Hello, friends. It’s been a ferocious week (long story, won’t bore you). Among other things, I’ve been making corrections to the typeset, copy-edited version of Rivals in the City, which will be published in the UK by Walker Books this June. (June! Hurray!)
There are 299 pages, of which this is the first:
That’s a bit of a tease, isn’t it? In fairness, I should really give you a legible taste of the first few paragraphs. Here it is, and I’ll be back next week to talk about the editorial and revision process. I hope you enjoy it!
RIVALS IN THE CITY
Saturday, 13 October, 1860
The streets of London
It was a miserable day for a walk: sleety, frigid, dark. Nevertheless, Mary Quinn and James Easton, Private Detectives, were out for a ramble about Bloomsbury, bundled against the penetrating drizzle, straining to distinguish people from lampposts in the dense fog that swamped the streets. Mary’s skirts were soaked to the knee and much heavier than when she’d first set out. Their boots were thick with mud.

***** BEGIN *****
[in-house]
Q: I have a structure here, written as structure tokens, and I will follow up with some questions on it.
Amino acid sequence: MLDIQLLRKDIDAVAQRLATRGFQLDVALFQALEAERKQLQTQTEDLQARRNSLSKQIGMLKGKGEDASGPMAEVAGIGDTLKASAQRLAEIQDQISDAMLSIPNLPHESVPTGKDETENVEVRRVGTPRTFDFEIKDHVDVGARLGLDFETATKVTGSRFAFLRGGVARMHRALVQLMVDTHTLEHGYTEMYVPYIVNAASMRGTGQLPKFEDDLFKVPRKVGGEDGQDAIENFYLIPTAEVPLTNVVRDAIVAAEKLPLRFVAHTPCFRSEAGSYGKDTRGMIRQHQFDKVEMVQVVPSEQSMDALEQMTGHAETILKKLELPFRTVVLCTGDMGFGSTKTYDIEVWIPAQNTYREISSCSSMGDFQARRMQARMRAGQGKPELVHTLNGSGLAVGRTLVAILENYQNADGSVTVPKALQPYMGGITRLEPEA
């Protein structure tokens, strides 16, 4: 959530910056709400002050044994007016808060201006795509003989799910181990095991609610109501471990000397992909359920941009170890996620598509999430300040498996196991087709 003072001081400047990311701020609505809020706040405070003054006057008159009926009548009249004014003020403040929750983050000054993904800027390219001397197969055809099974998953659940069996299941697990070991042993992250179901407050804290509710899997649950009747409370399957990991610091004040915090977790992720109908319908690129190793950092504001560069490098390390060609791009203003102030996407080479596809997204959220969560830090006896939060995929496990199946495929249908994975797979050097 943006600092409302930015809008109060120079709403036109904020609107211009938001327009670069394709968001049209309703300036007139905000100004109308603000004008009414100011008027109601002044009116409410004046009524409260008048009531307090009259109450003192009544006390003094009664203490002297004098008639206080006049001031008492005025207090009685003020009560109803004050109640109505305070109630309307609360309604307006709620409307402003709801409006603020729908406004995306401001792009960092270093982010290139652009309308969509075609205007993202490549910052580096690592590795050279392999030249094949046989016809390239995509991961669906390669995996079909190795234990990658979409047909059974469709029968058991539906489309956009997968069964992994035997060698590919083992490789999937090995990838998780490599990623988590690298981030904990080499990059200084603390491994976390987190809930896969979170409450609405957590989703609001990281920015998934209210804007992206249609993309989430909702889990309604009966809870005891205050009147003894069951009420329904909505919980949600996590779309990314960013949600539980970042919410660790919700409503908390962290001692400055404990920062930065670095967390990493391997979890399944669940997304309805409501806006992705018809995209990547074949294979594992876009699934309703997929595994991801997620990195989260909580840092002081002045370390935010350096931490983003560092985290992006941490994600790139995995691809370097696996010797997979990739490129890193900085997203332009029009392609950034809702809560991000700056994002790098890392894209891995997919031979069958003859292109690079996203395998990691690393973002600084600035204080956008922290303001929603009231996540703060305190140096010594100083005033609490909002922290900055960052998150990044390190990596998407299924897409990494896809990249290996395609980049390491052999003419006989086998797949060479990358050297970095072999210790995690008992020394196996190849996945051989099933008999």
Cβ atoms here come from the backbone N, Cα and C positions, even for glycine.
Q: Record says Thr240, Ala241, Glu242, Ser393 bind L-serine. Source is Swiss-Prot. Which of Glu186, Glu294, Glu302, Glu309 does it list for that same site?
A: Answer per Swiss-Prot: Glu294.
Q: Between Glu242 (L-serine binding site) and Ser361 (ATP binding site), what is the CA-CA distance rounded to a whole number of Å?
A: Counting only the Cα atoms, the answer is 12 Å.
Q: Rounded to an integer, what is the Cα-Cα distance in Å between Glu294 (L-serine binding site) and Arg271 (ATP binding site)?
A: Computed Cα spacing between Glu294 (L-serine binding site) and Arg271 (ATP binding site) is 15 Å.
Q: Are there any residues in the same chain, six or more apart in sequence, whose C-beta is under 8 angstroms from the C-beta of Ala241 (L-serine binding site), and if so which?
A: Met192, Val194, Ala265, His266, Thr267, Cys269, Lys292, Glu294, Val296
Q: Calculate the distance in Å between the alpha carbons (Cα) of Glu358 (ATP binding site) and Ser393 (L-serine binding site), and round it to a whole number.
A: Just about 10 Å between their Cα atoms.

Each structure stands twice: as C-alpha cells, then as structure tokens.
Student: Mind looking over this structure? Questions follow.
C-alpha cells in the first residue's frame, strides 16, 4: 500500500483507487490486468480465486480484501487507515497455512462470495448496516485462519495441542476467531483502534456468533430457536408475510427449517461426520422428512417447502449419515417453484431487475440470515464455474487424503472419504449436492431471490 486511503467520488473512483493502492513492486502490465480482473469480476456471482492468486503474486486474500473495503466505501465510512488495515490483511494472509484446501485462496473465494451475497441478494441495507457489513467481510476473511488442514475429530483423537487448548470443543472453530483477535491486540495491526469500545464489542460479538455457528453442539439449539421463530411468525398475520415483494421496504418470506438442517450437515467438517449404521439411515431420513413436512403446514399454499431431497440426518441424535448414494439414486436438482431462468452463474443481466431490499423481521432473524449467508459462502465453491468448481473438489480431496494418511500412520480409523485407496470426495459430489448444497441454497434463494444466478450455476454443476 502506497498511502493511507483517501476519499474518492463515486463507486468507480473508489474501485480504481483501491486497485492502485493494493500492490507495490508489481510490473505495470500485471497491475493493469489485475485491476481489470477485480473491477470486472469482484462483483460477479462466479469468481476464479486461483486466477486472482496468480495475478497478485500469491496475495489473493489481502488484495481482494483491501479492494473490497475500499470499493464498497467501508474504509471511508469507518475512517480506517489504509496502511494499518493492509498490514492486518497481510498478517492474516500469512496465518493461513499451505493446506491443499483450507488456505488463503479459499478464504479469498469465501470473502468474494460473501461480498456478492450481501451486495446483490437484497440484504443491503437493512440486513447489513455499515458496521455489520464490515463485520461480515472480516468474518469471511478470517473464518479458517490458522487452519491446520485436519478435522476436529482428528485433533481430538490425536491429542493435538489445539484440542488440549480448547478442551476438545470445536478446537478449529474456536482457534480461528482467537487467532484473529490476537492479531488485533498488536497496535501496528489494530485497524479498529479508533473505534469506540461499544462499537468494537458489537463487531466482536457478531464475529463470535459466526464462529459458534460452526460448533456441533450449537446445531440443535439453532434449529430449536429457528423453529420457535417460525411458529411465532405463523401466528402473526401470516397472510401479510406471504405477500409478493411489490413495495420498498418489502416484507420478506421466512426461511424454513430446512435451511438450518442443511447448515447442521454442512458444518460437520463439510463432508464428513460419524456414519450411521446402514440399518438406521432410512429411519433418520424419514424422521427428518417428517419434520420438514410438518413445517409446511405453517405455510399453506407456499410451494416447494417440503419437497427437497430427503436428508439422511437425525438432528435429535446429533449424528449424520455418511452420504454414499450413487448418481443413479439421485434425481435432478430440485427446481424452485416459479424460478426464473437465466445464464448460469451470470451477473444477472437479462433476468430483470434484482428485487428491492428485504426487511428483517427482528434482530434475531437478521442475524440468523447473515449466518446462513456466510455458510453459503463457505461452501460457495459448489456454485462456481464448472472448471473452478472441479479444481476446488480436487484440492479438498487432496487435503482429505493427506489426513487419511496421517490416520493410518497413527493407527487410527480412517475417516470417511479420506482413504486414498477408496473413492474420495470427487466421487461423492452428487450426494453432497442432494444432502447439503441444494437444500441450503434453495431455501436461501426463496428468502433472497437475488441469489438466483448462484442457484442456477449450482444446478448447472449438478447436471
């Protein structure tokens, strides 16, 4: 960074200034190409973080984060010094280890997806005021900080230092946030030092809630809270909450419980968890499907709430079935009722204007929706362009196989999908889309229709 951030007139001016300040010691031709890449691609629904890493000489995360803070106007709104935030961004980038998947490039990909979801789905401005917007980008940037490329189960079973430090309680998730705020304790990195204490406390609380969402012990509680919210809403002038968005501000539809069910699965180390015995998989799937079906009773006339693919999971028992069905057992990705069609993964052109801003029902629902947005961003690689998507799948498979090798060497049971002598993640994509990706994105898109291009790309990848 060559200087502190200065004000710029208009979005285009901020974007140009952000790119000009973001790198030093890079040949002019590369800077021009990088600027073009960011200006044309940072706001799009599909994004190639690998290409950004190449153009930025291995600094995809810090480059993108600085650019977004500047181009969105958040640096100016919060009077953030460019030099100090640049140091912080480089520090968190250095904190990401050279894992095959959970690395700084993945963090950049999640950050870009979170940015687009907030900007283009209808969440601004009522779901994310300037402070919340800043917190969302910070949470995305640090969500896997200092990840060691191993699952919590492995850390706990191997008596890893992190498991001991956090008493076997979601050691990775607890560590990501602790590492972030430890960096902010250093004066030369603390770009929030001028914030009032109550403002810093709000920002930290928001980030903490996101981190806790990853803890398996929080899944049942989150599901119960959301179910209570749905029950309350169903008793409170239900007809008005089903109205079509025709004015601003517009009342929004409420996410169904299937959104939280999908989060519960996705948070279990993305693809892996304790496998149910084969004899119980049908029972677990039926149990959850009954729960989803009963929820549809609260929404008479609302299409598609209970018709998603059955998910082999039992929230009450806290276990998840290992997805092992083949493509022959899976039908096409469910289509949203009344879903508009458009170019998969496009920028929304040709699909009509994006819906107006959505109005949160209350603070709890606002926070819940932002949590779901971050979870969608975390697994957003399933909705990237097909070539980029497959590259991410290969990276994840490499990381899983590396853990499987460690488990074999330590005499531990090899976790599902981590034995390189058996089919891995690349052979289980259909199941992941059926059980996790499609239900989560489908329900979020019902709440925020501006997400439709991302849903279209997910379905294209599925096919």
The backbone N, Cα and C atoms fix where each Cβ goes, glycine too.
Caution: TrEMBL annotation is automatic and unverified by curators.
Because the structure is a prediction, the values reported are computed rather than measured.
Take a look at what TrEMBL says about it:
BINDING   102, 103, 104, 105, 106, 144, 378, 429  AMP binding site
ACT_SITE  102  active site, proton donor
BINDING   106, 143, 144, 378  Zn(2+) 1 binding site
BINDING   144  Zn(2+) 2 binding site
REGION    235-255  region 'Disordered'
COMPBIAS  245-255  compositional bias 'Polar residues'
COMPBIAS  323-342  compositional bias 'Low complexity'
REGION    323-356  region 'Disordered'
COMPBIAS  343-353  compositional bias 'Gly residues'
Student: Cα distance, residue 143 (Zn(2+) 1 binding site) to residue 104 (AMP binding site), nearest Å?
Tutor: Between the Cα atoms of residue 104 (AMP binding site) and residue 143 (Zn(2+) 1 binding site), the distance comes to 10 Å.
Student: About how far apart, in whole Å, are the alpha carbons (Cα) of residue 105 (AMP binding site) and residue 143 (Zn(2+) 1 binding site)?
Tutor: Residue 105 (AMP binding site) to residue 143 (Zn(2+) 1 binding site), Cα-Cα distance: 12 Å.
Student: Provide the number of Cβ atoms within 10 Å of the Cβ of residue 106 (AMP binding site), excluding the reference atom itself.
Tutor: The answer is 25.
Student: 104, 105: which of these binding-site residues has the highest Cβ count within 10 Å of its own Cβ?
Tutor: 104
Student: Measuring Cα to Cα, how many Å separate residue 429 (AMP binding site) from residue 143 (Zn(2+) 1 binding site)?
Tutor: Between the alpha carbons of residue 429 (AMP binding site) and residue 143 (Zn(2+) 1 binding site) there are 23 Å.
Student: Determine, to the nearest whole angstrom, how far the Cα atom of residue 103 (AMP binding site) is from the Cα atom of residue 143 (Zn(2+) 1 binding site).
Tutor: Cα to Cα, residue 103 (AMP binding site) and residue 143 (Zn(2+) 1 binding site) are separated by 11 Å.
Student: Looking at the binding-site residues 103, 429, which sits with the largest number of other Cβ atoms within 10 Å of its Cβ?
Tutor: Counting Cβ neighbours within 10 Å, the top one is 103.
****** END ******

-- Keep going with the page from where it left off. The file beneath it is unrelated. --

Mary smiled up at James, squeezing his elbow a shade tighter. “Isn’t this delightful?”
He laughed. “Unalloyed bliss, apart from the rain, the wind, and the bitter cold. Can you still feel your fingertips?”
She wiggled them experimentally. “A little. Could you tilt the umbrella towards me, please? It’s dripping on my shoulder.” James complied and they paced on, past a sodden, shivering boy wielding a broomstick taller than he was. “Wait a moment, James.” But she needn’t have spoken. James was already turning back, pressing a coin into the crossing-sweeper’s unresisting palm. He murmured something and gave the child a gentle pat on the shoulder, urging him to movement.
Mary watched the boy stumble away, a slight figure swallowed by the dark smog. She shuddered. It was like a heavy-handed morality play, to which there could be only one conclusion.
James returned, offering his arm once more. “Where were we?”